Australia and the Philippines jointly announced that both countries have entered into a strategic partnership during the inaugural meeting of Australian Prime Minister Anthony Albanese and Philippine President Ferdinand Marcos Jr in Manila on 8 September.
Both countries reaffirmed their mutual interests in “building prosperity and preserving peace in the Indo-Pacific” and that stability in the Indo-Pacific is based on “respect for national sovereignty and shaped by long-standing agreed rules and norms, based on international law”.
“Today is a watershed moment for relations between Australia and the Philippines,” said Albanese. “Our Strategic Partnership will facilitate closer cooperation between our countries and contribute to an open, stable and prosperous Indo-Pacific region.”
The strategic partnership signifies an upgrade to the existing Comprehensive Partnership that came into force in 2015.
According to the joint statement, the latest partnership calls for an annual defence ministers’ meeting in addition to the existing biennial foreign affairs and trade Philippines-Australia Ministerial Meeting (PAMM) as well as other high-level engagements including the Philippines-Australia Maritime Dialogue and Philippines-Australia Strategic Dialogue and the.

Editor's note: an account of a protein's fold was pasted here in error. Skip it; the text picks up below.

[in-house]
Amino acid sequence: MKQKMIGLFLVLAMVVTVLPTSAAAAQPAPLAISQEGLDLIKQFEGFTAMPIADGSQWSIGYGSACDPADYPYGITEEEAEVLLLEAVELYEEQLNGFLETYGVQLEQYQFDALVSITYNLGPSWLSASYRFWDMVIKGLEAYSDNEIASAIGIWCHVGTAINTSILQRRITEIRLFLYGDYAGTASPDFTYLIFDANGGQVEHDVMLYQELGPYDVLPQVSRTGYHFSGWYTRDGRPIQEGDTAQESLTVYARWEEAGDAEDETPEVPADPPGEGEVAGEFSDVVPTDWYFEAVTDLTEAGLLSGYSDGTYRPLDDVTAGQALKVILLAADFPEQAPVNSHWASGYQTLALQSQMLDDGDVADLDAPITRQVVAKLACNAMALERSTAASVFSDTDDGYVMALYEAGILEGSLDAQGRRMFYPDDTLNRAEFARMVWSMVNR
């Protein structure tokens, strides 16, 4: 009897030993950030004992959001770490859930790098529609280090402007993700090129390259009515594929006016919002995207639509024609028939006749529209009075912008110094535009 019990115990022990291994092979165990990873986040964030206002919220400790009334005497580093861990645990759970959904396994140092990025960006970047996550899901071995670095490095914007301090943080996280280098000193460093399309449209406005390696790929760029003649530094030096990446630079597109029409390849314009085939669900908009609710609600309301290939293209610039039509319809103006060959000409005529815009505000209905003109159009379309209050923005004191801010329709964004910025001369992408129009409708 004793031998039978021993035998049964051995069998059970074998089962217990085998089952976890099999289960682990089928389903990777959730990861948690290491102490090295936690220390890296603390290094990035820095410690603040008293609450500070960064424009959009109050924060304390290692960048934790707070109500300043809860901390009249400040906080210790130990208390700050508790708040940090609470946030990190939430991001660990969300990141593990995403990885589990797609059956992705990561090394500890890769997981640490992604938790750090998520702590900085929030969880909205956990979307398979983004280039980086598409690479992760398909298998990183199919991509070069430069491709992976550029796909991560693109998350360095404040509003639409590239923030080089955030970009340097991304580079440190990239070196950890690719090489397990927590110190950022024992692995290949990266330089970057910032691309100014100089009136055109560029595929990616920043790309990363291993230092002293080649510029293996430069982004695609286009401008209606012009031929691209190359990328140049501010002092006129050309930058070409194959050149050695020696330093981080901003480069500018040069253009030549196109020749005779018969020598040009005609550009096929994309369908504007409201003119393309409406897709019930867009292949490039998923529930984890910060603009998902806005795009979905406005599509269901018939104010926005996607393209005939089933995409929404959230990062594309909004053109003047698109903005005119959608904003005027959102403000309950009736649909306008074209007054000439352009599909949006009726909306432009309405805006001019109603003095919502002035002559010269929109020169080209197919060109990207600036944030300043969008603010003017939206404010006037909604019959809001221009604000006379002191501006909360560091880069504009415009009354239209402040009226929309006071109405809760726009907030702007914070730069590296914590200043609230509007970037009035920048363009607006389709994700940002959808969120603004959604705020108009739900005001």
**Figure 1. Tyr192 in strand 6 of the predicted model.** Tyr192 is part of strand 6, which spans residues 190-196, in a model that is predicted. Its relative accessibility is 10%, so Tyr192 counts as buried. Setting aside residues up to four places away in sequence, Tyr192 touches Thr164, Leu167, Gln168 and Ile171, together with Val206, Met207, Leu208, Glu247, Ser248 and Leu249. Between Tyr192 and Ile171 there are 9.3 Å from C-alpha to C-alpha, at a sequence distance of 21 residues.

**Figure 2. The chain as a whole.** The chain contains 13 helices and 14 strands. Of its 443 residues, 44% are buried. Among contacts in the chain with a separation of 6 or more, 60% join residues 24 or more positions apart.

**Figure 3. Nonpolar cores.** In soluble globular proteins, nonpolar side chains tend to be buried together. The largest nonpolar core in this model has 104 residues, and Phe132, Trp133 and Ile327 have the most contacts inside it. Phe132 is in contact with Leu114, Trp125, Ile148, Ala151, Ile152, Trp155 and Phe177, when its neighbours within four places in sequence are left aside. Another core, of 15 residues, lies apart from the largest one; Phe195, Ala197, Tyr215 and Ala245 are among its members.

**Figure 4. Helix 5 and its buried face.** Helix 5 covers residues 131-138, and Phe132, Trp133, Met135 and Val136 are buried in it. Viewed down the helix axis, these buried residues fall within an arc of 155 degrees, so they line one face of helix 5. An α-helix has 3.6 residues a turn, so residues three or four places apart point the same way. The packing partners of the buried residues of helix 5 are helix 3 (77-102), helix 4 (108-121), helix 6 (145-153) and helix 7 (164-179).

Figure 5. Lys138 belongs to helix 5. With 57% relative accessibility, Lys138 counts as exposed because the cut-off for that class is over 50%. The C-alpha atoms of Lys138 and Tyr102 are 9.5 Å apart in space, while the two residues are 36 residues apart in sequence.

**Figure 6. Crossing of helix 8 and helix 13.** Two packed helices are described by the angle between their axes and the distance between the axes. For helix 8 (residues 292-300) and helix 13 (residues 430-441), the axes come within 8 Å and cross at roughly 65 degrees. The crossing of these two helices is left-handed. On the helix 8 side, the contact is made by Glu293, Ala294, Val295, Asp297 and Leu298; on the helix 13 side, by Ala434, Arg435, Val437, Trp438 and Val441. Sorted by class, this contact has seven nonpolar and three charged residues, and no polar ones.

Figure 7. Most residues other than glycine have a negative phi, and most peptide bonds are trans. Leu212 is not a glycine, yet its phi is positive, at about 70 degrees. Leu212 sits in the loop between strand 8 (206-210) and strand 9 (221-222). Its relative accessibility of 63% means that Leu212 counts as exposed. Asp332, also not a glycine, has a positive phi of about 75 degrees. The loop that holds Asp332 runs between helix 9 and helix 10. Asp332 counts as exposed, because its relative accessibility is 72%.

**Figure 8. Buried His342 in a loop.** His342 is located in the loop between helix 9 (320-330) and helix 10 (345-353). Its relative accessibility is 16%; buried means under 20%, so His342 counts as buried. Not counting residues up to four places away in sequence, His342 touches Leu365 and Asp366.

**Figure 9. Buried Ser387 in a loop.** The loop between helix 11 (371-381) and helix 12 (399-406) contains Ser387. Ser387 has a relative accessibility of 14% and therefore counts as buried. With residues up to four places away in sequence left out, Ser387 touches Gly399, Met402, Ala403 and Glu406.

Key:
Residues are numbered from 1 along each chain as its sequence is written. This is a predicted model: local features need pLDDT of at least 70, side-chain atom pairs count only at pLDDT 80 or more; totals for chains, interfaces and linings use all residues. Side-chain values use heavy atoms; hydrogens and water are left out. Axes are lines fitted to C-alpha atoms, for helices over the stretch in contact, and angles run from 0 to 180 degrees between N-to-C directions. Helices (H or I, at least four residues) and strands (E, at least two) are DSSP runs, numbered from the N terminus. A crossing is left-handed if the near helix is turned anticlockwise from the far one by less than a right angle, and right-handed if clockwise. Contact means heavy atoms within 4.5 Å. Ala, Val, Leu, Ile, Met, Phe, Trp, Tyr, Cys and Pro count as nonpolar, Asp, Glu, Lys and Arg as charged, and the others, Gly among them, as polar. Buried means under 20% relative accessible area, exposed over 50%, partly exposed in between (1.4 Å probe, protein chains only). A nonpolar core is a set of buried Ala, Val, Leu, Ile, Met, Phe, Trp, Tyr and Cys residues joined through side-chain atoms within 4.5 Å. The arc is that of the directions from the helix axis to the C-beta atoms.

Both ministers also took the opportunity to issue a bilateral declaration which stated that they would “enhance and strengthen extensive and long-standing defence and security cooperation” via practical activities such as bilateral patrols in the South China Sea and joint military drills.
As one of the Philippines’ top defence and security partners, Australia is one of only two countries with a Visiting Forces Agreement (VFA) that enables Australian troops to participate in larger and more complex drills in the Philippines. Australia is also the second country to commit to joint patrols in the South China Sea with the Philippines after the United States.
Besides Australia and the United States, India and Japan have also emerged to be significant supporters. India is delivering its BrahMos supersonic anti-ship missiles to the Philippine Marine Corps, while Japan has provided the Philippine Coast Guard with newbuild patrol vessels of various sizes. Both New Delhi and Tokyo are understood to be considering enhanced defence cooperation with Manila.
by Jr Ng